Mom Blasts Southwest Airlines For Asking To 'Prove' Biracial Son Was Hers

“She said, well, how do I know that you’re the mother?” Lindsay Gottlieb recalled an airline employee asking her.

A Southwest Airlines employee asked a college basketball coach over the weekend to “prove” that her biracial son was hers, the woman said Monday.

Lindsay Gottlieb, the head women’s basketball coach at the University of California at Berkeley, said she was flying from Denver to Oakland with her 1-year-old son, Jordan, when the airline employee requested his birth certificate.

Gottlieb said she didn’t have the official document, though offered his passport, which lists him as having a different last name.

“She said, well, how do I know that you’re the mother?” Gottlieb recalled to KPIX News. Gottlieb is white, and Jordan’s father is black.

Lindsay Gottlieb is seen playing with her 1-year-old son, Jordan.
Lindsay Gottlieb is seen playing with her 1-year-old son, Jordan.

Not satisfied, Gottlieb said, the employee asked her to “prove” that she’s the child’s mother by showing a Facebook post instead.

Gottlieb tweeted about the experience, calling it “demeaning and insensitive, not to mention inefficient,” and suspects that it wasn’t her son’s last name but his skin color that caused the holdup.

The “mother next to me said she’s never been asked for proof despite [having a different] last name,” Gottlieb tweeted, adding that she wasn’t shocked by this, since that woman’s family wasn’t mixed race.

Southwest Airlines, in a statement obtained by HuffPost, said it apologized to Gottlieb and her family if the questioning made her feel uncomfortable, stating “that is never our intention.”

“Southwest Airlines’ policy is to verify lap children are younger than the age of two by reviewing a birth certificate or government-issued identification,” the statement said. “Certain international locations require us to verify additional paperwork for those traveling with a minor. Domestic travel does not require carriers to match last names of a child and guardian.”

Southwest Airlines’ website states that those wanting to fly with their infant on their lap must obtain a boarding verification document from a ticket counter, which requires a birth certificate to fill out.

The airline did not specify in its statement whether the request for Jordan’s birth certificate was due to his last name or race. It added that it will “emphasize the coaching moment with our Employee as we ensure our policies are properly followed.”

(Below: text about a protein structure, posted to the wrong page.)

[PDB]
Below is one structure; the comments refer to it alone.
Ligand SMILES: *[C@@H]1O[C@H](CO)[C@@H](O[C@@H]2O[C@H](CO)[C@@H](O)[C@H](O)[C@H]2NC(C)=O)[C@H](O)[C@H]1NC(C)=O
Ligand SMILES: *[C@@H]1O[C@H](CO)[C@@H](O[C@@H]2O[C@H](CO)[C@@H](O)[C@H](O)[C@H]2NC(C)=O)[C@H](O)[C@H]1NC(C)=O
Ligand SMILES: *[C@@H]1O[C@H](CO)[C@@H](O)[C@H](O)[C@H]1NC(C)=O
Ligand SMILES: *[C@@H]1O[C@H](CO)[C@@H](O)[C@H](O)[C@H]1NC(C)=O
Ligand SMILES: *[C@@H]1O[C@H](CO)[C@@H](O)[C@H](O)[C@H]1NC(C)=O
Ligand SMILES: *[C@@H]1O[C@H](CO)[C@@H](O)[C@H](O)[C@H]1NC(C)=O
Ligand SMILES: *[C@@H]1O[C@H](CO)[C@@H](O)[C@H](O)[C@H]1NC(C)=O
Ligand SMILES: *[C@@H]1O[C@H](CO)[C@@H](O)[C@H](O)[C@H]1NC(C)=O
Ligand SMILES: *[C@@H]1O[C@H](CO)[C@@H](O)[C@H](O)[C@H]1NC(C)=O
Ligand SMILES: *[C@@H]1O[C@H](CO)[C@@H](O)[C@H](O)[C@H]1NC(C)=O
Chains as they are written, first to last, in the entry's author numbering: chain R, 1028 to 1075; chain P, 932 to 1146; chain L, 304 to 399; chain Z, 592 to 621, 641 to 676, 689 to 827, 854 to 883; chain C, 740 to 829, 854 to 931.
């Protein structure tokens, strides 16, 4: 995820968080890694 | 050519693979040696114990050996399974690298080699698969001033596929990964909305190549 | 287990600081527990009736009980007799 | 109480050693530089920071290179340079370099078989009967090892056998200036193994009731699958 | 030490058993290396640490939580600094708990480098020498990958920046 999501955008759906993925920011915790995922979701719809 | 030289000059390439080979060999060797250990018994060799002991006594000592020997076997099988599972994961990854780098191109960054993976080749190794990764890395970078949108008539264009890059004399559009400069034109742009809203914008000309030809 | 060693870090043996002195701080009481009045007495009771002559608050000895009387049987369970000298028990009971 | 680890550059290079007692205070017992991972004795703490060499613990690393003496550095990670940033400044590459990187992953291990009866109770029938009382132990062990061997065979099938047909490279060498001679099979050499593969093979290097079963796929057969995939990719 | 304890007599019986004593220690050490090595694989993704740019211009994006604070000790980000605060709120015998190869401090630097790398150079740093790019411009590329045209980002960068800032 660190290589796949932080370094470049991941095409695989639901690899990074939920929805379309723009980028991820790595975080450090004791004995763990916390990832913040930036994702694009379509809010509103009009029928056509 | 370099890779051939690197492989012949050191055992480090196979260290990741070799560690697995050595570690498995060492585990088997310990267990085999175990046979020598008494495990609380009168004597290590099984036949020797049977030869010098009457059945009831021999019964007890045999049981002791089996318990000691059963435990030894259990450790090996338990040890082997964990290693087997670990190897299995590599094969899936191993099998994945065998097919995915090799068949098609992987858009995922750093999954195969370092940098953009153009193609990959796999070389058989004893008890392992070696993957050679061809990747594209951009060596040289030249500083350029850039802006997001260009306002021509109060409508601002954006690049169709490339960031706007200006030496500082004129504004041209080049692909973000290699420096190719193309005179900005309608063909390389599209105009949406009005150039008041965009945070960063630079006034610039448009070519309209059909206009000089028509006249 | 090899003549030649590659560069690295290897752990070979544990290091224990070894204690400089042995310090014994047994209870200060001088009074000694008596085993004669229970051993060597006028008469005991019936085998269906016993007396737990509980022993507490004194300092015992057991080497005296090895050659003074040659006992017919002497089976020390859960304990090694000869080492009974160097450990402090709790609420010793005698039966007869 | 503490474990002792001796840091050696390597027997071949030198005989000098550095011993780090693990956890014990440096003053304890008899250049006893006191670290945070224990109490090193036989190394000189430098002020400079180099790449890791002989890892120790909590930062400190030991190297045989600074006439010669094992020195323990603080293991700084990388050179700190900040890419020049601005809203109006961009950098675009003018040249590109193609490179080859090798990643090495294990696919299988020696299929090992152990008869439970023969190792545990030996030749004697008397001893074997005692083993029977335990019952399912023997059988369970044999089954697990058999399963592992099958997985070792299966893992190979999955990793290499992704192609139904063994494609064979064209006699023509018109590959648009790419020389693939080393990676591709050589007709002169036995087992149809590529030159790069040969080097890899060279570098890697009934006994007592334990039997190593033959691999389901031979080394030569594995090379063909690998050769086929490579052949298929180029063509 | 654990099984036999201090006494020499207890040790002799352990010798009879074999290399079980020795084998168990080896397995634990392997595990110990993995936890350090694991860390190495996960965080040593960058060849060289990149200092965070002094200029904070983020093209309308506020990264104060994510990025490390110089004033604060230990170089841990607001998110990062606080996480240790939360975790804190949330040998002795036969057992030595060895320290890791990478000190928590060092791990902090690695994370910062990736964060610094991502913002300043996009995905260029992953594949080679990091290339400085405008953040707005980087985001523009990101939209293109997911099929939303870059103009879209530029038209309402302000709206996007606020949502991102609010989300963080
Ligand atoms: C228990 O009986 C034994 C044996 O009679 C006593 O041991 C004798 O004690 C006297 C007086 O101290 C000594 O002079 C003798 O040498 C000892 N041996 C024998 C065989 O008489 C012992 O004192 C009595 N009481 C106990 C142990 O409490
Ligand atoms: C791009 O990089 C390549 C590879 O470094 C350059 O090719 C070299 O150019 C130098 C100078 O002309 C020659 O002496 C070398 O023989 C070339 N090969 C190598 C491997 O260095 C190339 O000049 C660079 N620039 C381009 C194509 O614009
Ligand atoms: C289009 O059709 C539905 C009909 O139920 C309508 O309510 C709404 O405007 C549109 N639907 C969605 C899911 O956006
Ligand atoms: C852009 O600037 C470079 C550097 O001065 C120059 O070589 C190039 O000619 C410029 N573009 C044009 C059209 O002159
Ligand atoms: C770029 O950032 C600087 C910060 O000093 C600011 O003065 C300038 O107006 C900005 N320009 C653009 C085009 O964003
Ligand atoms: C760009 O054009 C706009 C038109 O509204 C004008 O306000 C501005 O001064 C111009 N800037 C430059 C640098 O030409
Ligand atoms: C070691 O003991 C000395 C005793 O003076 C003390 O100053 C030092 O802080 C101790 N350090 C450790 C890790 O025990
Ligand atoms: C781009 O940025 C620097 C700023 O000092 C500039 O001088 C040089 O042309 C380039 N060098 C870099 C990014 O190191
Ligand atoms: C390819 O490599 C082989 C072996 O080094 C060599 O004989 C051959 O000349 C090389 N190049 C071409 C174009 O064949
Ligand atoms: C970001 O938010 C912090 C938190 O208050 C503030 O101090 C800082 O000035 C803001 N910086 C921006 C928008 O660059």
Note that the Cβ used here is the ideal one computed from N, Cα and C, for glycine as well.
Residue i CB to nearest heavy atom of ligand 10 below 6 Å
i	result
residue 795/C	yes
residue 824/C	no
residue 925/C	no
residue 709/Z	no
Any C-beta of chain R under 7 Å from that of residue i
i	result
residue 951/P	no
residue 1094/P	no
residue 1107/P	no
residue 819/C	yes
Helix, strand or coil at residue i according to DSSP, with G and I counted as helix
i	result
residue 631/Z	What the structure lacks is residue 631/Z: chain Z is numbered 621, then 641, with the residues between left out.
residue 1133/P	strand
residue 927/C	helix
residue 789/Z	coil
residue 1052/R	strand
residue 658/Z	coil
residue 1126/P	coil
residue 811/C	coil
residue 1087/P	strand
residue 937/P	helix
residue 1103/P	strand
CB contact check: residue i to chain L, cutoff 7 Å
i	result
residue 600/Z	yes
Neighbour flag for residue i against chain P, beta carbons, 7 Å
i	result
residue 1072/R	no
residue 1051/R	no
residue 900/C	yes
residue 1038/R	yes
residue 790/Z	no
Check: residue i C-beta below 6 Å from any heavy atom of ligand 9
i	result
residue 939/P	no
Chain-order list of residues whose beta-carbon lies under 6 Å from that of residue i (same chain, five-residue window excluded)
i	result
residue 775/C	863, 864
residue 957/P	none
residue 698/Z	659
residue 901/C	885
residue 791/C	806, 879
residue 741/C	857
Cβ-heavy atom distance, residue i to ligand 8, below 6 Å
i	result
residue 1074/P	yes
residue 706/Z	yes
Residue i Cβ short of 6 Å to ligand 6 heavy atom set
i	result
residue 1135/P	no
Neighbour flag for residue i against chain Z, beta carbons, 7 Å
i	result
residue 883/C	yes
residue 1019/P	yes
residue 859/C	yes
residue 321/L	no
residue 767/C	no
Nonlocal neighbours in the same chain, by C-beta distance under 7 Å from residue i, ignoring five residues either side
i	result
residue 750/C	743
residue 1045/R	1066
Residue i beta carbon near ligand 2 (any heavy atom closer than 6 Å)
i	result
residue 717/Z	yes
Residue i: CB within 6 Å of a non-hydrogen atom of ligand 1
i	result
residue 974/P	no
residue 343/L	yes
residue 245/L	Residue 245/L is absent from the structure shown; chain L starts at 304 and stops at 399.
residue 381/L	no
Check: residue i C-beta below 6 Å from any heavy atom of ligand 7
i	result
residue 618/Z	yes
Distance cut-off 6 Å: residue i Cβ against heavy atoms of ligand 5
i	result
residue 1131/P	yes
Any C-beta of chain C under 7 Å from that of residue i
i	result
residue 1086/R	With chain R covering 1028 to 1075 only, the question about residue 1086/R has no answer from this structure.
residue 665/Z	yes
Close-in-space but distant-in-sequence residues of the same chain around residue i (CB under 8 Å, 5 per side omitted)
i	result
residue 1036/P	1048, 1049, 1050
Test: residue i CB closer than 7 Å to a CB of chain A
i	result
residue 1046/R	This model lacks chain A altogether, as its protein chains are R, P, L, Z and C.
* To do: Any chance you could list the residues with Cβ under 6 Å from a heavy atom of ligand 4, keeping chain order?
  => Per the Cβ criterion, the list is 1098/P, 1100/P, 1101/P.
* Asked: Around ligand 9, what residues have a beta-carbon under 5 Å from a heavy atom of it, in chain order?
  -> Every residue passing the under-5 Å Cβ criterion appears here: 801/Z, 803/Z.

The airline declined to comment further on whether it has a protocol for requiring further identification for traveling children who don’t look like their parents.

Airline Ambassadors International, a nonprofit organization that helps raise awareness of human trafficking, has trained flight attendants and other crew members on how to spot such cases, including through physical appearance.

Indicators include passengers appearing scared, ashamed, nervous or bruised; giving contrasting information; or if a child is traveling with someone who does not appear to be a parent or a relative. A difference in the passengers’ skin color or race alone is not enough of an indicator, the group’s founder, Nancy Rivard, told HuffPost.

“They probably weren’t trained that well,” she said of any airline employee who expressed concern about a child solely because of their race.

“It’s not automatically because of race. People know that children are adopted from all over the world. But, of course, people can take it that way,” said Rivard, adding that there would have to be other indicators.

“It’s not automatically because of race. People know that children are adopted from all over the world. But of course, people can take it that way."”

- Nancy Rivard, Airline Ambassadors International

Another red flag could be the parent being defensive when questioned, she said.

“They’re afraid of uniform security in general,” she said of human traffickers.

If anyone has a suspicion that a child is in danger, however, Rivard said they should not hold back in reporting it to authorities.

“Of course they don’t want a lawsuit,” she said of airlines, “and we don’t want anyone accusing anyone, but we think it’s better to report suspicions than not report them.”

Rivard said she knows of at least three incidents in which an airline didn’t flag a case of human trafficking because employees were afraid of making a scene and causing problems.

Though other women ― including mothers of mixed-race children ― have expressed on social media being equally upset over the incident involving Gottlieb, many others have defended the airline, including model Chrissy Teigen.

Teigen, who has two young children with her musician and actor husband, John Legend, who is black, said she has also been stopped by airlines with this similar request.

“Once I learned it’s a precaution for the very real threat of child trafficking, I stopped being exasperated with it. Now I’m kind of worried when they don’t ask,” she tweeted to Gottlieb and Southwest Airlines on Tuesday.

She added that in her experience, it’s often situational, with flights to London being “the most difficult” for her, as she said she has to take a file folder of papers.

This story has been updated to include a comment from Airline Ambassadors International.

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